The investment community’s interest in workers’ comp remains high. Not as high as it was a few years back when deals came almost every month, but high nonetheless. What’s different is the size of the investments we’re seeing – which isn’t a surprise.
As the industry consolidates, the companies in the sector get fewer and bigger – so the buyers these days tend to be either big “strategics” (companies in related businesses or in sectors that can create additional value via acquisition) or the relatively few very large private equity firms – many of which are already invested in the space.
We are also seeing wiser buyers.
Not smarter – almost all the people I’ve dealt with in private equity and investment banking are really intelligent – but many don’t have the wisdom that comes from experience in this space.
This wisdom comes from experience; some transactions haven’t quite worked out the way the investors thought, for reasons both predictable and not (OneCall, York, Bunchcare, MSC’s pharmacy business). A few have worked out really well, but not because the core business idea and execution thereof was brilliant but rather because the owner found some other investment firm to buy the asset (OneCall Imaging, initial York transaction).
This is a good thing.
A few years ago pretty much any company in the work comp space was a hot commodity, which is why we ended up with some deals that weren’t “deals” at all. Today, buyers are a whole lot wiser, ask way better questions, dig way deeper into stuff that matters, and perhaps most significantly, spend a lot of time getting to know management.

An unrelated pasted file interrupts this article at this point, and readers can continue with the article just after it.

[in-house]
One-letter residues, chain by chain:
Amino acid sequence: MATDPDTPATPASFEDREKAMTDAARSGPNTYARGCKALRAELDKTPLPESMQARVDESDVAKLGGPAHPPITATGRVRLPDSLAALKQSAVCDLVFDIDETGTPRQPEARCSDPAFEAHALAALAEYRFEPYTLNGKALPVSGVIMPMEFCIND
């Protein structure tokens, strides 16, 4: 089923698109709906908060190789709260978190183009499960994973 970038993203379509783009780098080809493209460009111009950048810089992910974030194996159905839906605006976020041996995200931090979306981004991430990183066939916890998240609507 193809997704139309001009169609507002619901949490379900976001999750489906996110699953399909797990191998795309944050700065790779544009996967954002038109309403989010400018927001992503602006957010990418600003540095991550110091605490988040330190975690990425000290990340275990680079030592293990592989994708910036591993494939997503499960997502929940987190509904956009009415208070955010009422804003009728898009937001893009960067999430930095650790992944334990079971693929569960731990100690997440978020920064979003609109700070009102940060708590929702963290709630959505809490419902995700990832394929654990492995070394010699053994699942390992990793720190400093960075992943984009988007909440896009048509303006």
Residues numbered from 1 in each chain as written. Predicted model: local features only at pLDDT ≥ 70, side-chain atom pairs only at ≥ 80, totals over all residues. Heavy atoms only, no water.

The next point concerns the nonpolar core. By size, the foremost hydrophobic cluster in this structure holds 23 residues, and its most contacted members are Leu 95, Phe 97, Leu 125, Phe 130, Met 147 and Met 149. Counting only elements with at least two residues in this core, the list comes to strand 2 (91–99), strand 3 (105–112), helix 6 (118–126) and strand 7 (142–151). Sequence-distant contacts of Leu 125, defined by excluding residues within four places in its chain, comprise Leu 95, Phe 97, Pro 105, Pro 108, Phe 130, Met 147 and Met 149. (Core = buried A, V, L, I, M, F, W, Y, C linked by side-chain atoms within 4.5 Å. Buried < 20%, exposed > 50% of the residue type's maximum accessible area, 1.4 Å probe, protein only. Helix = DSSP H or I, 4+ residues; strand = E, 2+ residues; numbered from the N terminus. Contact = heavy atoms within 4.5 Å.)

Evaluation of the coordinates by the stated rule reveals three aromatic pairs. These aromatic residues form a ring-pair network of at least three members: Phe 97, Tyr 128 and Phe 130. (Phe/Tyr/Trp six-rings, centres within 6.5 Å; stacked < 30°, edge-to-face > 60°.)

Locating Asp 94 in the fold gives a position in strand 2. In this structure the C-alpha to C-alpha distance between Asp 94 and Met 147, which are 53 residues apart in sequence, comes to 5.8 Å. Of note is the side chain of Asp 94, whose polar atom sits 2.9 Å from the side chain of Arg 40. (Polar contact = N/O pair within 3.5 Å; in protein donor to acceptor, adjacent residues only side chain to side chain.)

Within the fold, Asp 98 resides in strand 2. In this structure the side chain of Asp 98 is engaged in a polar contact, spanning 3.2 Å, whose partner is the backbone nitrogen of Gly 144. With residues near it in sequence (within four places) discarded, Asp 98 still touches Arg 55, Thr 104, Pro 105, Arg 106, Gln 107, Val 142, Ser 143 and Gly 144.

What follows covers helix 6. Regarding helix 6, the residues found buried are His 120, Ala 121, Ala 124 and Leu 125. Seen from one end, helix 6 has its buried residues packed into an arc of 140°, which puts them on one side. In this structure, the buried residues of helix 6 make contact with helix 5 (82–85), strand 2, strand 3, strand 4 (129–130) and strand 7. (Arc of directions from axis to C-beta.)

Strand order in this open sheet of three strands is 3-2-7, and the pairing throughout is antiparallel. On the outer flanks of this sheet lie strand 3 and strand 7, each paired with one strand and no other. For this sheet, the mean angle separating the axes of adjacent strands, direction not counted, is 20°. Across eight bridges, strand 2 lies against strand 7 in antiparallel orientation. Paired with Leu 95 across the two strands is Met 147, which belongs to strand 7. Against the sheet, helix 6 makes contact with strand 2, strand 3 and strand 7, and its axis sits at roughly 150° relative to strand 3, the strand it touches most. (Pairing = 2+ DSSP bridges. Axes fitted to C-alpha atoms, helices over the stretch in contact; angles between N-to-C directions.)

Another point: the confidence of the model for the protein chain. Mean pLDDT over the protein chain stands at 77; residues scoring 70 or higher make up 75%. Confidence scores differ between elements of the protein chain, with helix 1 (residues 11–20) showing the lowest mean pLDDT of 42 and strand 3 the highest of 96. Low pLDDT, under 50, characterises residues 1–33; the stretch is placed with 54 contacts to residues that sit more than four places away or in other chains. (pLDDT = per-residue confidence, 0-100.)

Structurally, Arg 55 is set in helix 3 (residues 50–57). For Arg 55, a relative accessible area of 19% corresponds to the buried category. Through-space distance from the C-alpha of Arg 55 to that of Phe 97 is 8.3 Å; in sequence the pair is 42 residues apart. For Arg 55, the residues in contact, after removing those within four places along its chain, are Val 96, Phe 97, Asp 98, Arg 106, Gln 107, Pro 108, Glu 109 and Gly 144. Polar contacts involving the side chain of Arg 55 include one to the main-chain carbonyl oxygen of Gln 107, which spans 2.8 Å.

So, where are the opportunities these days?
- Telemedicine. This is going to be a major disrupter, impacting case management, rehab, physician visits, and more things we haven’t thought of yet. Collateral impacts will include:
- systems connectivity (sending, sorting, and indexing video),
- regulatory catch-up (some states are a long way from being ready, others are the wild west, and most are trying to predict the future)
- stakeholder roles – changing who provides what services when to which claimants
- Outsourced claims. TPAs are going to do well.
- Agile, service focused companies – Companies, many run by folks who sold their businesses a few years back, are focusing on traditional niche business sectors. These will be smaller transactions, but valuations will be solid.
What’s going to hold things up?
Owner expectations. Many of the owners I talk with have unrealistic expectations – they think their businesses are worth more than buyers will pay. That’s understandable; it’s also why we may see a hiatus as those expectations aren’t met, and sellers slowly acclimate to the idea that a 14x trailing earnings valuation isn’t going to happen for their company (which has decent but not great growth).
What does this mean for you?
Build your business around customer service, differentiate your brand, and you’ll do well.